Skip to main content
main-content
Top

13-07-2014 | Infectious disease | Article

‘No convincing evidence’ for zinc supplements to prevent otitis media

Abstract

Free abstract

medwireNews: There is no convincing evidence that zinc supplements reduce the risk of otitis media in children or adults, say the authors of an updated Cochrane review.

Zinc deficiency is common in economically disadvantaged children and zinc supplements have been shown to be effective for preventing pneumonia and other respiratory infections in children living in low- and middle-income countries.

In this review, Anjana Gulani (Max Multispeciality Centre, New Delhi, India) and Harshpal Sachdev (Sitaram Bhartia Institute of Science and Research, New Delhi, India) assessed the published literature for randomised placebo-controlled trials of zinc supplementation for preventing otitis media.

They found 12 such trials, of which 10 were suitable for inclusion. All involved children under the age of 5 years and nine of the 10 trials were conducted in low- and middle- income countries. In all trials, occurrence of otitis media was a secondary outcome, the primary outcomes usually being more serious illnesses such as pneumonia or death.

Six of the trials showed no evidence of a difference between zinc supplements and placebo on otitis media incidence or prevalence in children, Gulani and Sachdev report in The Cochrane Library.

One trial conducted within a community setting showed a possible benefit of zinc in infants from birth to 12 months but the findings were difficult to interpret, say the researchers.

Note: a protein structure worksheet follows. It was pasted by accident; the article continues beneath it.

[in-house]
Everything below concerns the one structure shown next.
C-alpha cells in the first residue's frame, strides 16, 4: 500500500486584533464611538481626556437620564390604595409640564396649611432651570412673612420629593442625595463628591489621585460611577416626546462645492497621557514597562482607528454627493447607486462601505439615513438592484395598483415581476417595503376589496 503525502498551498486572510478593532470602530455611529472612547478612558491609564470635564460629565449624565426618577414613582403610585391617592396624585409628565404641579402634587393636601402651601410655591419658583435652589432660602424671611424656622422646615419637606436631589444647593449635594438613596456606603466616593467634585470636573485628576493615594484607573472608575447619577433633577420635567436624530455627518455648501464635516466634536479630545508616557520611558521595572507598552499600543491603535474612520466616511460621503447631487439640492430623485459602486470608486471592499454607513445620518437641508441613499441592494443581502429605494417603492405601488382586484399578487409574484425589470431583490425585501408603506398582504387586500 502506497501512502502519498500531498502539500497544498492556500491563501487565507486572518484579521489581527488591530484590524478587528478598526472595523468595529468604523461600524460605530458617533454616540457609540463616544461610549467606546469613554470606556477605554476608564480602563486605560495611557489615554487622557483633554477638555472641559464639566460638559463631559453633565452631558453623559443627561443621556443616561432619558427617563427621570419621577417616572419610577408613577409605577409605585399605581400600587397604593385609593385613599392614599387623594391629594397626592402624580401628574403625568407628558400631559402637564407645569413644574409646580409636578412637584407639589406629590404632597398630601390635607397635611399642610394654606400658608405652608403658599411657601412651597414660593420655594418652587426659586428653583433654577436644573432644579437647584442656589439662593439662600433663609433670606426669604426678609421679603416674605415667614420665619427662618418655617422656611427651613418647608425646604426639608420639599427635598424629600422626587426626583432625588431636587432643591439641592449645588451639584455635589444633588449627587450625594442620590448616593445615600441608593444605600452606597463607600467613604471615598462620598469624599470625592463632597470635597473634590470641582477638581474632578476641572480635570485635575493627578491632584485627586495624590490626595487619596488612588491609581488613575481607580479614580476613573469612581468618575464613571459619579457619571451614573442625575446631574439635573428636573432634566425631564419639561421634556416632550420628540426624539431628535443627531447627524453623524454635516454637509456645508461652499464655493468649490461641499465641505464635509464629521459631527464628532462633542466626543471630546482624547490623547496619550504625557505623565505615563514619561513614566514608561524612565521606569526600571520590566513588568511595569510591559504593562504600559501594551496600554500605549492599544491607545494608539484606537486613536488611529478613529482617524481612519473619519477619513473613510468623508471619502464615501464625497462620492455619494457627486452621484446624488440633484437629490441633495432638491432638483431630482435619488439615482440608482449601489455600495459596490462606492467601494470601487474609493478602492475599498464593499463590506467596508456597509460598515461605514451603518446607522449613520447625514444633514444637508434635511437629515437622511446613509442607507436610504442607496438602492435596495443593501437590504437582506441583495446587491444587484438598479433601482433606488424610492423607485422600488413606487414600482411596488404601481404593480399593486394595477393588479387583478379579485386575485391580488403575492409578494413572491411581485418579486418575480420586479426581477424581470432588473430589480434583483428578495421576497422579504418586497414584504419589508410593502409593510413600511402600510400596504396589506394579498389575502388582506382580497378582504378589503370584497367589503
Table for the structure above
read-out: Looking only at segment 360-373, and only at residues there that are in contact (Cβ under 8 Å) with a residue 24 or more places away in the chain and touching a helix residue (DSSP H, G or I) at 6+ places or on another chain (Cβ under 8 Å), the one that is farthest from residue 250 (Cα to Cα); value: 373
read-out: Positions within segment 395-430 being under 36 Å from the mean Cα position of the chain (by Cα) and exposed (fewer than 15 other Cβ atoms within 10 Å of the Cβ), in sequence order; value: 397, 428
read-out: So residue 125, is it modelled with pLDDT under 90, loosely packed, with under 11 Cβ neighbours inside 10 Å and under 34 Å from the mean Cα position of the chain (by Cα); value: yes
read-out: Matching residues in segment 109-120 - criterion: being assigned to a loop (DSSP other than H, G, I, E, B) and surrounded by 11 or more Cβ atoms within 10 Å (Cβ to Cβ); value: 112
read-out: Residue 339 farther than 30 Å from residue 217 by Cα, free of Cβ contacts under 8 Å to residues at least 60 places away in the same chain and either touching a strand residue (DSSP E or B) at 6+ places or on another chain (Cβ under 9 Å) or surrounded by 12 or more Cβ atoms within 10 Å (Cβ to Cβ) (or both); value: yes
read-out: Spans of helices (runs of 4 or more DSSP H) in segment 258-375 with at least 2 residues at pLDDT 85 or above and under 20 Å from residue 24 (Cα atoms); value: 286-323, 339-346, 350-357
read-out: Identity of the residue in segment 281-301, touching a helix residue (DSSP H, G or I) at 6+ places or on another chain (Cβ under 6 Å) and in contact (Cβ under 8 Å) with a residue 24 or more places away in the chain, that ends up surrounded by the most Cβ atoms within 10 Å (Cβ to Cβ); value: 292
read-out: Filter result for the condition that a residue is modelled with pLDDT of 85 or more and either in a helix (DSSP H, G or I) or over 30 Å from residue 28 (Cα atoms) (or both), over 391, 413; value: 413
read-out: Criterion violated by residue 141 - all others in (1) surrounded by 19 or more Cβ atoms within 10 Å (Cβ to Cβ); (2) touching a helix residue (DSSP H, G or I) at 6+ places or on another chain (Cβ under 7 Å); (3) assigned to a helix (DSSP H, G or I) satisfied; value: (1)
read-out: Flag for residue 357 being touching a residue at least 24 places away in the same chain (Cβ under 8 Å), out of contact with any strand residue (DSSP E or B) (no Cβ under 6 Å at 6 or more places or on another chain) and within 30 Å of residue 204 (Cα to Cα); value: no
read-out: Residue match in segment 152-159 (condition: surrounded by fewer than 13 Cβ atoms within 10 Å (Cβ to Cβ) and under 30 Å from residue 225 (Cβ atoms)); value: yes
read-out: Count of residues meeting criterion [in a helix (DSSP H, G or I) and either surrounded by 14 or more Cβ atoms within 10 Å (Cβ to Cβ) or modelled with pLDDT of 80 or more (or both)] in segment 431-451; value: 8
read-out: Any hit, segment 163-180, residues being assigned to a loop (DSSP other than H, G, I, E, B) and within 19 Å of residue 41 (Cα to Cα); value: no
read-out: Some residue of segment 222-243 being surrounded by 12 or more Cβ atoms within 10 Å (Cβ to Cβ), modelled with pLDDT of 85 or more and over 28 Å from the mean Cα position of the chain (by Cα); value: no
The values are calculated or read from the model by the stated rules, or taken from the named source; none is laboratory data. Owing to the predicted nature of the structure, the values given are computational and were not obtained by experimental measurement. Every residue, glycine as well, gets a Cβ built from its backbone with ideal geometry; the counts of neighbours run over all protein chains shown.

However, two trials appeared to demonstrate a definite significant benefit of zinc supplementation. One involved 39 infants with marasmus, in which those given zinc supplements experienced 1.12 fewer otitis media episodes, on average, than those given placebo.

In the second trial, which involved 1621 healthy infants aged 60 days to 6 months living in a poor urban community, zinc supplementation was associated with a significantly lower incidence rate of definite otitis media, with a rate ratio of 0.69.

The authors conclude that the evidence on whether zinc supplementation can reduce the incidence of otitis media in healthy children under the age of 5 years living in low- and middle-income countries is mixed.

“There is some evidence of benefit in children being treated for marasmus (severe malnutrition), but this is based on one small trial and should therefore be treated with caution,” they write.

medwireNews (www.medwirenews.com) is an independent clinical news service provided by Springer Healthcare Limited. © Springer Healthcare Ltd; 2014

By Joanna Lyford, Senior medwireNews Reporter

Related topics